Childhood & Early Life
Soupy Sales was born as Milton Supman on January 8, 1926, in Franklinton, North Carolina. His father Irving Supman, a first-generation Hungarian emigrant, was a dry goods merchant. His mother’s name was Sadie Berman. The couple had four sons; Marvin, Leonard, Jack and Milton. Marvin died in infancy.
When Sales was five years old, his father passed away. Following that, his family moved to Huntington, West Virginia, where he attended Huntington high School. His childhood nicknames were ‘Soup Bone’ or ‘Soupy’.
In 1944, after graduating from high school, he enlisted in the US Navy, serving in the South Pacific. During this period, he entertained the crew not only by telling jokes, but also by playing bizarre characters like ‘White Fang’ over the ship’s public address system.
After the Second World War, he earned his bachelor’s degree in Journalism from Marshall College, Huntington. While studying there, he performed as a comedian, singer and dancer in local nightclubs.
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After earning his bachelor’s degree in Journalism, Soupy Sales began his career as a scriptwriter at WHTN, a local radio station in Huntington. Shortly afterward, he was put on-air as a disc jockey.
In 1949, he moved to Cincinnati, Ohio where he got a job as a morning radio DJ. It was here that he first revived his childhood nickname ‘Soupy’ along with ‘Hines’ as his surname before changing it to ‘Sales’ a year later.
In 1950, Sales joined WKRC-TV where he began to host America’s first teen dance show, the ‘Soupy’s Soda Shop’. When it failed to garner good ratings, he was moved to a late-night program called ‘Club Nothing!’
From March 1953, he began to host a children’s show called ‘Lunch with Soupy Sales’ on WXYZ-TV, Detroit. Although unrehearsed, the program became a big hit within weeks and made him Detroit’s highest-rated television personality.
In November 1953, Sales started hosting a new late-night variety show with comedy and musical performances called ‘Soupy’s On’. It originally ran for 10 minutes, but was later extended to 30 minutes.
Sales lived in Detroit until 1960, producing 11 hours of TV time each week in his last years there. Thereafter, he moved to Los Angeles where he presented the ‘Soupy Sales Show’ first on ABC-TV and then on KABC-TV.
In 1961, he debuted in movies, appearing as Officer McGovern in 'The Two Little Bears'. During this period, he was also seen in several television productions like ‘The Rebel’, 'Hennesey', 'The Real McCoys', etc. He also signed a contract with Frank Sinatra’s label Reprise Records.
In 1961, Sales cut his first record ‘The Soupy Sales Show’. He later cut several other records, including ‘Up In The Air’ (1962), 'Soupy Sales Sez Do the Mouse and Other Teen Hits' (1965) and ‘A Bag of Soup’ (1969).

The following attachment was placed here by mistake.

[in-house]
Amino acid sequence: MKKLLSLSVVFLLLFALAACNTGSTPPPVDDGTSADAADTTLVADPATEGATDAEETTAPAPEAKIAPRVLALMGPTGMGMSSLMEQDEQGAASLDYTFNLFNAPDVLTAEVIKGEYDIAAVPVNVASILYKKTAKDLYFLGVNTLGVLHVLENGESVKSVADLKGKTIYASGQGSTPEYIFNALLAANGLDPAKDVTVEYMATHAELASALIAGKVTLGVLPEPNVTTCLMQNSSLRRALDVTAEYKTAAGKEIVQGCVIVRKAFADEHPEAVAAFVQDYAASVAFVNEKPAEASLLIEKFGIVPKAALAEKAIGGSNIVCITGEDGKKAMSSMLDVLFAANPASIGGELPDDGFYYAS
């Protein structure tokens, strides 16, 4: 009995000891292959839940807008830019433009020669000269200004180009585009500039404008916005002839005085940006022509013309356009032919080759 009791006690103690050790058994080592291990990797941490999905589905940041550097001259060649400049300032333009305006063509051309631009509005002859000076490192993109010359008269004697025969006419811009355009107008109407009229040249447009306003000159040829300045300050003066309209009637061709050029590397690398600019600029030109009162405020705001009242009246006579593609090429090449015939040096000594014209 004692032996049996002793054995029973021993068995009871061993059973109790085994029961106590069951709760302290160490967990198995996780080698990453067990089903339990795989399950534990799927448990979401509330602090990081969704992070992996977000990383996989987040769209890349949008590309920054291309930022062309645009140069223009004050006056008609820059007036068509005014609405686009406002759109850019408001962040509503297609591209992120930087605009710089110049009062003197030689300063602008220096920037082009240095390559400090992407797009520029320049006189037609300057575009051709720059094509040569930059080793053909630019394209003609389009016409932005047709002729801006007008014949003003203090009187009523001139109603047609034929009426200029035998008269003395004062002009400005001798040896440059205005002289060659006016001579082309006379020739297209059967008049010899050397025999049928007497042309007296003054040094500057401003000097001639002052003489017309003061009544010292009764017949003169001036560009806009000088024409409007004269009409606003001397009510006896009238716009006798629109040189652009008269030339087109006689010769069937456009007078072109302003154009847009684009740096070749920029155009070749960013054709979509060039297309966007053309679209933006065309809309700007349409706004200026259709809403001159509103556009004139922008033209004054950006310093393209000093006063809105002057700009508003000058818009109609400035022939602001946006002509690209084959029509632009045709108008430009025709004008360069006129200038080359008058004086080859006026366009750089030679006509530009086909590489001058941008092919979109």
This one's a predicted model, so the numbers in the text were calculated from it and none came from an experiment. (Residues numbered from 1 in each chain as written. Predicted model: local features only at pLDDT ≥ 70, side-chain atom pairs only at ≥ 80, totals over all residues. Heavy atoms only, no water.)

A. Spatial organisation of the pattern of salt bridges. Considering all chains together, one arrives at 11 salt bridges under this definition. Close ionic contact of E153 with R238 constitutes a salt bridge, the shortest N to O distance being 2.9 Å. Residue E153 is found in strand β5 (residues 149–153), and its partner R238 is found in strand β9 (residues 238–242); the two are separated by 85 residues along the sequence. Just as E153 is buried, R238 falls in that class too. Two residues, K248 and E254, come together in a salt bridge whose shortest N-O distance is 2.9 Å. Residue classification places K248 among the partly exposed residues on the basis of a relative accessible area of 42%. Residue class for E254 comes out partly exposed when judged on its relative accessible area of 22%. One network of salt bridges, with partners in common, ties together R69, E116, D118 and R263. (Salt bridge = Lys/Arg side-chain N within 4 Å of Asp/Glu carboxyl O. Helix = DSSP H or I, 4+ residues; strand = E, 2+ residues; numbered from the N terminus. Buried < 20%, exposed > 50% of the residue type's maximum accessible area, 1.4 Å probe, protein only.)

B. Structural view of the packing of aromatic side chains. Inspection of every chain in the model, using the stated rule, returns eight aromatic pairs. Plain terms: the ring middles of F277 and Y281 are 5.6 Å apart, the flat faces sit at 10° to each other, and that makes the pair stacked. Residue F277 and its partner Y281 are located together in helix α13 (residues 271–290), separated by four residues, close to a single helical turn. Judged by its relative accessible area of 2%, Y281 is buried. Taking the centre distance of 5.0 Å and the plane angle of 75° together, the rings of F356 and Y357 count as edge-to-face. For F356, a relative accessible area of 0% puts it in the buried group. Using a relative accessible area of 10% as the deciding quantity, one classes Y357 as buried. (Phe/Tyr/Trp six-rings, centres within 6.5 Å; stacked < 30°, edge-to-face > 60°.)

In September 1964, he moved the ‘Soupy Sales Show’ to New York City where it began to be broadcast on WNEW-TV as a local program.
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Shortly after moving the ‘Soupy Sales Show’ to New York, he made his greatest blunder. In a live broadcast on January 1, 1965, he asked his young viewers to “take some of those green pieces of paper with pictures of George Washington, Benjamin Franklin, Lincoln and Jefferson” from their sleeping parents’ wallets and mail them to him. Very soon, he started receiving money.
The New Year’s incident created quite an uproar, as a result of that the management was forced to suspend the show for two weeks. However, it made the show even more popular and in 1966, it was syndicated throughout the United States, Canada, Australia and New Zealand.
In 1966, Sales debuted as a star in the comedy film ‘Birds Do It’, playing the role of Melvin Byrd. Thereafter, he worked in nine more films, and the last among them was ‘Angels with Angels’, releasing in 2005. From the mid-1960s, he also started participating in various game shows, including ‘What’s My Line’, wherein he appeared as a panelist.
In the 1980s, he returned to radio and hosted a variety talk show. During this period, he started co-writing his memoir, ‘Soupy Sez!’, which was eventually published in 2001.
Family & Personal Life
In 1950, Sales married Barbara Fox, with whom he had two sons: bassist Tony Sales and drummer Hunt Sales. The couple divorced in 1979.
In 1980, he married dancer Trudy Carson and remained married to her until his death.
On October 22, 2009, Sales died of cancer at the age of 83. He was laid to rest at Kensico Cemetery in Valhalla, New York.
In 2005, he received a star on the Hollywood Walk of Fame.